If you fancy a challenge, and you’re prepared to go that extra mile in providing the right environment, tilefish can make marvellous additions to the marine aquarium. They’re reef friendly, too! Here’s how to succeed with these beautiful fish...
is curator at the Blue Planet Aquarium in Cheshire Oaks. He explains how to succeed with tilefish in the marine tank.
Some groups of fish are bulletproof and easy to care for, able to fit in with a wide variety of tank mates and adapt to a range of systems — the tilefish are not one of them. These nervous, demanding fish are a challenge to keep successfully, and some thought needs to be put into whether they’re right for your system — they are certainly a very bad impulse buy! Given tailored conditions and expert care, however, they can be fabulous choices for specialised reef or peaceful fish-only systems.
Who are you calling a goby?
Despite often being referred to as ‘tile gobies’ in the trade, the tilefish are not gobies. They belong in their own family, Malacanthidae. There are two subfamilies:
• Malacanthinae (16 species). Known as sand tilefish on account of their habit of frequenting the sand and rubble zones of the reef ’s edge and darting into the substrate when startled, many species are found from 15-30m in depth. There are two genera:
Malacanthus (three species, all of which reach 30cm-plus in length), and Hoplolatilus (13 species, which includes the smallest and most colourful of the tilefish; most specimens in the trade are from this genus). Sand tilefish are elongated in shape, with continuous dorsal and anal fins and forked tails; they’re built for swift, darting movement and manoeuvrability. Behaviourally, they tend to be diurnally active. They hover over the seabed and feed more-orless constantly throughout the day, retreating into burrows at night for safety. Due to the size the Malacanthus species can reach, Hoplolatilus is the go-to genus. The Blue blanquillo, Malacanthus latovittatus, is sometimes available, but it grows to be a handful.
• Latilinae (29 species). These are of little interest to aquarists thanks to their drab colours and larger size — some reach over a metre in length. They are commercially fished for food.
Get the aquascape right
The size and layout of the tank are very important to make tilefish feel at home. In spite of the small size of many
Hoplolatilus species, a minimum tank volume of 250 l/55 gal or so is best for the smaller species. Ideal tilefish lodgings include a reasonably deep (10cm+), extensive layer of sand into which the fish can burrow, along with variouslysized chunks of rubble. This mixed substrate will be used by the tilefish to create burrows in which they can hide, and it’s a key feature for any system housing them. Due to their industrious reworking of the tank’s substrate, they can topple rockwork so ensure everything is securely fixed in place.
Additional rocky overhangs and caves
in the lower reaches of the tank will go a long way to helping the fish establish and feel secure. On balance, the perfect system would be based around a deeper water reef edge with subdued lighting, but given suitable conditions for burrowing and hassle-free tank mates, most species can adapt well to typical reef conditions.
Because of their nervous disposition, tilefish are renowned jumpers, so some form of lid or cover is pretty much mandatory when keeping them.
Keep it peaceful
Tilefish tend to be very shy and retiring, so they need easy-going tank mates. Definitely avoid triggers, puffers and large angels if you’re maintaining them in a fish-only or FOWLR tank, but even damsels and other small-but-territorial fish can pose problems in reef systems. Instead, cardinals, dartfish, gobies and anthias can work well.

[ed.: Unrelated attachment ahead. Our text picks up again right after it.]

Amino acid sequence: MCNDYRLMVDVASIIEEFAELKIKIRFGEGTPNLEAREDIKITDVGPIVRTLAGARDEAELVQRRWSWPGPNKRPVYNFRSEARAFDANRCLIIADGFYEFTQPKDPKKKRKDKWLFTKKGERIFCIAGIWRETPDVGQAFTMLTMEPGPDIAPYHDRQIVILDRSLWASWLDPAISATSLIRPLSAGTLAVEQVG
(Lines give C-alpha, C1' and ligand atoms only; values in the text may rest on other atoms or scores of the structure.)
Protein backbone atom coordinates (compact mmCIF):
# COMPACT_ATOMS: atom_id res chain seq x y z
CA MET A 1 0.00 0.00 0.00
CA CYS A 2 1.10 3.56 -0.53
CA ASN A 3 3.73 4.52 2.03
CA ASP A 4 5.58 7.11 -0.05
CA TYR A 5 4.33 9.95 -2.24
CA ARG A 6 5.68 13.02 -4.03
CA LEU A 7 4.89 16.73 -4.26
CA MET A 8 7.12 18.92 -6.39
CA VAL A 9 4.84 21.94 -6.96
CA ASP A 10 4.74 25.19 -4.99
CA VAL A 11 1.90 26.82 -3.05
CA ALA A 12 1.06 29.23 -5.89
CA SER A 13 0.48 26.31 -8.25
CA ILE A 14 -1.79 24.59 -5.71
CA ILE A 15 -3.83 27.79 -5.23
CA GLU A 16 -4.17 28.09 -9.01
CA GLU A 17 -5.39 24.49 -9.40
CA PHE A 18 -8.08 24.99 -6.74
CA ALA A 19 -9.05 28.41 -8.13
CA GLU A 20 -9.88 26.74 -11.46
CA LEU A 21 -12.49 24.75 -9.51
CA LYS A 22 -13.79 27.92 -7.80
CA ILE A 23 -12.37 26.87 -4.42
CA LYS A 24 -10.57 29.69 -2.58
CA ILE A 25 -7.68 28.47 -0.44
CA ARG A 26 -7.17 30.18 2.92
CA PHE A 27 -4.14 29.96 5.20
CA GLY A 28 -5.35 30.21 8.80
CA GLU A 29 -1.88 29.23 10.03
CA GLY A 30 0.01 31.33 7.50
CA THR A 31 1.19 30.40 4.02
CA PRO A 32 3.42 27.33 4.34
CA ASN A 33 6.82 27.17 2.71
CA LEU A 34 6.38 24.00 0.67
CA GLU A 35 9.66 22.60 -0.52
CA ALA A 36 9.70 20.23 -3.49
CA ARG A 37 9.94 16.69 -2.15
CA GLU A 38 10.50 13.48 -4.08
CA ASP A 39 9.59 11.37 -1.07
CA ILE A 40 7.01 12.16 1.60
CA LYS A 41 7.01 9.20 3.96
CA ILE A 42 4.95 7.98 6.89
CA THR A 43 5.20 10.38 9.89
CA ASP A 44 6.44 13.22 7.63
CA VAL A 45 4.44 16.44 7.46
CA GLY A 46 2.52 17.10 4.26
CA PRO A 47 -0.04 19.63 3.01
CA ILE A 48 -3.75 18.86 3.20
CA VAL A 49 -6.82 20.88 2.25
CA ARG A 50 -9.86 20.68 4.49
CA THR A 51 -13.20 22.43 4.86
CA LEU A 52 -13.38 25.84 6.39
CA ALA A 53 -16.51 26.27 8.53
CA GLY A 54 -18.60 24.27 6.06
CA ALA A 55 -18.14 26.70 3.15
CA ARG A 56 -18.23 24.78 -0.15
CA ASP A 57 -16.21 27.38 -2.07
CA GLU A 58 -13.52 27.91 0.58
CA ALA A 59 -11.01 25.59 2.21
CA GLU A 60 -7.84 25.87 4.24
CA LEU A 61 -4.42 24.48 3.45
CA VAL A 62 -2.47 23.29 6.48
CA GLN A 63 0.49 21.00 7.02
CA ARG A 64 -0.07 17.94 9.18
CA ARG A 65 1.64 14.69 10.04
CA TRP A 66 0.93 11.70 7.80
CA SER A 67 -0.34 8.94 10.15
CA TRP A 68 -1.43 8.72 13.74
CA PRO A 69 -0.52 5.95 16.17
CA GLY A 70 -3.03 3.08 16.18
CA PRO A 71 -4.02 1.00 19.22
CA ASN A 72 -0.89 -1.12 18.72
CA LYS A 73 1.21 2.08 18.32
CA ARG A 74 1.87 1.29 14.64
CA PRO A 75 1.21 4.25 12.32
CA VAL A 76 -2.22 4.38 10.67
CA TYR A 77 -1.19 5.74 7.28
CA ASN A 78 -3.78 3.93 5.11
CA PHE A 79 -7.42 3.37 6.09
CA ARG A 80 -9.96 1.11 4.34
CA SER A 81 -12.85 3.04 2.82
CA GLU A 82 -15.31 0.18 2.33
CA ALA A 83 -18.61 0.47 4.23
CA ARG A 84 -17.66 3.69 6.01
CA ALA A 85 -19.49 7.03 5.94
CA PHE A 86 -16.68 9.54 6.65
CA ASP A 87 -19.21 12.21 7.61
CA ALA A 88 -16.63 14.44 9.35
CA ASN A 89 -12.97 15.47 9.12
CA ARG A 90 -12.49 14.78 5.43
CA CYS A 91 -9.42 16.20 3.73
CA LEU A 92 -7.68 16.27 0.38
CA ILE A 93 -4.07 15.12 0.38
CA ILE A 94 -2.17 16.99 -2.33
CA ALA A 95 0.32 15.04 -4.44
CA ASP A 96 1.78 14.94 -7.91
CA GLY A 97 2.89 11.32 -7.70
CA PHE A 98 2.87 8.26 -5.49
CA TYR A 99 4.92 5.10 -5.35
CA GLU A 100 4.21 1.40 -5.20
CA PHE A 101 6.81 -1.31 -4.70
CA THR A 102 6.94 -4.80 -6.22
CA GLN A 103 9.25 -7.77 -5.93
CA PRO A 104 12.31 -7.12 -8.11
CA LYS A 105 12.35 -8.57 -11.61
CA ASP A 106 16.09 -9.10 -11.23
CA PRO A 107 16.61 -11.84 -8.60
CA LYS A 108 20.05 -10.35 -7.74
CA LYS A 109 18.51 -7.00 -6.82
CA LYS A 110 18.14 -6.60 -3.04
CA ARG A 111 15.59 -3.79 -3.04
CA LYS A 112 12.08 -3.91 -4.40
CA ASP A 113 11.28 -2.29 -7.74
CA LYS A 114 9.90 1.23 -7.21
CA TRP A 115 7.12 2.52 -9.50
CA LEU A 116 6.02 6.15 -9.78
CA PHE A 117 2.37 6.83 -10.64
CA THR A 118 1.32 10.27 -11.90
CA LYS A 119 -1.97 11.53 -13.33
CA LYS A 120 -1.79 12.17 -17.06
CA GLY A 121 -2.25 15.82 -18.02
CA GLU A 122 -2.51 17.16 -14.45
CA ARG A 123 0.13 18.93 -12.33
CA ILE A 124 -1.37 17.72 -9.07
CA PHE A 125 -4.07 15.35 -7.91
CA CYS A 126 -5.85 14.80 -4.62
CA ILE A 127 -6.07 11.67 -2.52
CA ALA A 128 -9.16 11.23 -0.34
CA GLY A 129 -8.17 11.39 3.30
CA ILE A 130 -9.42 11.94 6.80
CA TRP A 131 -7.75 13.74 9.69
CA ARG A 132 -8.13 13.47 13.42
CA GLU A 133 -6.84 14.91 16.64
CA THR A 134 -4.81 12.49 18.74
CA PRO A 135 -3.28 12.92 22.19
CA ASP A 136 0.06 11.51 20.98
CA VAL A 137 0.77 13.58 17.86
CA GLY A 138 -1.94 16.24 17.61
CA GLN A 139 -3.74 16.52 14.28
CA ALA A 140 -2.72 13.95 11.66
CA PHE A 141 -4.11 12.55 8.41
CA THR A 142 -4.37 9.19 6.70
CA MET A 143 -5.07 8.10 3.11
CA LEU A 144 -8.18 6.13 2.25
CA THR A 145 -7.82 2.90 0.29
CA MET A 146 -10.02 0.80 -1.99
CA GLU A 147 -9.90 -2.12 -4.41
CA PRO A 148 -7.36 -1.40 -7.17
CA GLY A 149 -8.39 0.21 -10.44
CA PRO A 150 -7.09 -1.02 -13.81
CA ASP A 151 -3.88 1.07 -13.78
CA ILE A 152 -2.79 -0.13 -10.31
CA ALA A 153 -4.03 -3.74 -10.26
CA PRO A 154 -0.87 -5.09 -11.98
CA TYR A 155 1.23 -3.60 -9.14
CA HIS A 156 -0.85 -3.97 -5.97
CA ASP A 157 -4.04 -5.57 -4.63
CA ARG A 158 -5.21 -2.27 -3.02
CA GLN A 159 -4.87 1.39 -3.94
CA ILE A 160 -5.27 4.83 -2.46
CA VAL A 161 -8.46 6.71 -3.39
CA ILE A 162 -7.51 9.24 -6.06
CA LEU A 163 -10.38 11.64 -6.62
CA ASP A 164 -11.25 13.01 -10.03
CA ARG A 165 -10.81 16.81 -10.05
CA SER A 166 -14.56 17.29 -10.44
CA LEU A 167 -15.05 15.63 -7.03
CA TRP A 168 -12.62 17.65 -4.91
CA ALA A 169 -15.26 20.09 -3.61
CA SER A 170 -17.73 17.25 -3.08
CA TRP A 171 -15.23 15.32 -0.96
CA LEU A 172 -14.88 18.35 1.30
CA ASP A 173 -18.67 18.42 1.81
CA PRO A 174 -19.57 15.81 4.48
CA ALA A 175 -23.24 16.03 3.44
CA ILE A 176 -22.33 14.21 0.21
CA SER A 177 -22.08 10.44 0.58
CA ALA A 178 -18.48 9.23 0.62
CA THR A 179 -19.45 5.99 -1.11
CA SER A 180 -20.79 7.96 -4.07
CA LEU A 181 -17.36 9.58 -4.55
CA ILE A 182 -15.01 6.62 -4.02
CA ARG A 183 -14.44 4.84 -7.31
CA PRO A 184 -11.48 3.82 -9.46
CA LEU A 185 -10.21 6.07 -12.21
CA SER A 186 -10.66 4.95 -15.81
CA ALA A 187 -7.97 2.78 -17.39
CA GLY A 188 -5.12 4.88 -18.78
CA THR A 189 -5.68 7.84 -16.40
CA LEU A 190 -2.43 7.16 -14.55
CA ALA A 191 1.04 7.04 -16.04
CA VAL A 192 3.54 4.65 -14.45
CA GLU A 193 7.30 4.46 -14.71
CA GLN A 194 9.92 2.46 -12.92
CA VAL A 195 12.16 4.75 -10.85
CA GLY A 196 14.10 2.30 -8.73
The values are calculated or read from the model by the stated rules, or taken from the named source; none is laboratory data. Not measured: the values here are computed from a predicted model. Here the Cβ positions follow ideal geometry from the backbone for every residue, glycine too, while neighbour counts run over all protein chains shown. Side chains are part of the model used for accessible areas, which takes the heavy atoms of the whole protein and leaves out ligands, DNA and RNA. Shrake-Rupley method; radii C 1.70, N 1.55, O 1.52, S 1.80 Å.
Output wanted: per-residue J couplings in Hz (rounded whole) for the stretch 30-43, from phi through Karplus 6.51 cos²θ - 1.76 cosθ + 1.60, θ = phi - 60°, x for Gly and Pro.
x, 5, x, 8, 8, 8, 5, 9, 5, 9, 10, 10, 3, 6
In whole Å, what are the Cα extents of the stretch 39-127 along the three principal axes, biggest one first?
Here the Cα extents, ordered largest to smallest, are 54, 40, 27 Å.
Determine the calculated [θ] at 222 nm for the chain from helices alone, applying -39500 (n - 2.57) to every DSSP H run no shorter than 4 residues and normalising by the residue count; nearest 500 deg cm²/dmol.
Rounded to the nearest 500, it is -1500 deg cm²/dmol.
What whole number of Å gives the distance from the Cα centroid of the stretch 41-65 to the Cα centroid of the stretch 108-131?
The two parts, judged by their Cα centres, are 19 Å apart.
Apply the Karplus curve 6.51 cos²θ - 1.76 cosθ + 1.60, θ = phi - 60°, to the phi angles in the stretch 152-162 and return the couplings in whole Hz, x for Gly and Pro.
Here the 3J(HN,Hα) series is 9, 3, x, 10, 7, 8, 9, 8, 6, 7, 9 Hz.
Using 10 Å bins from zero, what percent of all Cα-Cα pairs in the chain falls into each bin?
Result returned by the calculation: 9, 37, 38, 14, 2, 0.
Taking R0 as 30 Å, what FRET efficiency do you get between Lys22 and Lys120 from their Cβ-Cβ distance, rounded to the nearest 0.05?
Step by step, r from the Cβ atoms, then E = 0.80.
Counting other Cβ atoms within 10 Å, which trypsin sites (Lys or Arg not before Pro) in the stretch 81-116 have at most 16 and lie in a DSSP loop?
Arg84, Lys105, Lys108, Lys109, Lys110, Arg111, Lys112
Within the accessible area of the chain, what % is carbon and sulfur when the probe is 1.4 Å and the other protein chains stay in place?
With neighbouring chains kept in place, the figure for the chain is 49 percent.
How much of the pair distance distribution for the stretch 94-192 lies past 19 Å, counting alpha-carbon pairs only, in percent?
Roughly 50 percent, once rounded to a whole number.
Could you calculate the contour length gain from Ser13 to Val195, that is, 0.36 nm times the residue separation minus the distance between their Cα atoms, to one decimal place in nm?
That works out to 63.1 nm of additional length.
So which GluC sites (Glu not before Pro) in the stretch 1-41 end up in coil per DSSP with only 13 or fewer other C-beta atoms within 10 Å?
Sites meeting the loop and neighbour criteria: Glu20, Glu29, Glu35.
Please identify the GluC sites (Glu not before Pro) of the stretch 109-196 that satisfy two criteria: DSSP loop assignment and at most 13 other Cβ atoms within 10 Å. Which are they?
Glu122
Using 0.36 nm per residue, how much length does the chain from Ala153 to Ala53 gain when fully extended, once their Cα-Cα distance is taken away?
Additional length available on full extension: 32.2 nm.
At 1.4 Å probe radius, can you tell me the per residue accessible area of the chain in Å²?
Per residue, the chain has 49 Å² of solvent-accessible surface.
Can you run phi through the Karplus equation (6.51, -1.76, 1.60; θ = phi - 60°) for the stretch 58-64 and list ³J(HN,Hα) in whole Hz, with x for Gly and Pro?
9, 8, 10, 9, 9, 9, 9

With many tilefish, it’s possible to house pairs in the same system; in fact, this is the preferred way to keep them and maximise the chances of success — even trios can work well. Spawning behaviour has been reported in a few species, but closing the life cycle in captivity will involve conquering the challenges associated with collecting and rearing the minute pelagic larvae.
Being planktivores, they pose no threat to sessile invertebrates, and only the tiniest ornamental crustaceans are at risk of predation from these fish.
Selecting a healthy tilefish from the get-go is absolutely vital. Because many come from reasonably deep water, it’s important to check for decompression damage before buying one; this manifests itself as unusual swimming patterns such as a failure to swim horizontally. Avoid any specimen that shows frayed fins, and make sure any prospective purchase is feeding. In the dealer’s tank, tilefish may be skittish and reserved, but failure to feed and starvation
prior to purchase are common problems — you want one that’s feeding and reasonably settled from the off.
As tilefish are very nervous they should be acclimated in dark conditions, then allowed to settle in for a few days; don’t be surprised if yours hide away for a while after introduction. In general, smaller specimens adapt better than larger adults. If you can dial the lighting down after introduction, ramping it up over the following few days, then this can help greatly.
Ideally you’ll be quarantining any new acquisitions as they can carry a range of pathogens such as whitespot. However, bear in mind that a typical bare-bottomed quarantine tank is terrible for these fish and a bare-bones, sterile tank will simply add to the fish’s stress levels while it’s already vulnerable.
Therefore, provide some substrate for burrowing and plenty of cover (short lengths of PVC pipe are ideal) in the quarantine tank. Observe the fish closely while it’s in quarantine, and be prepared to treat promptly should it show any signs of parasitic disease or secondary bacterial infections.
Blue jaw tilefish, Hoplolatilus starcki.
Tilefish require a substrate of rubble and sand in which they can create burrows.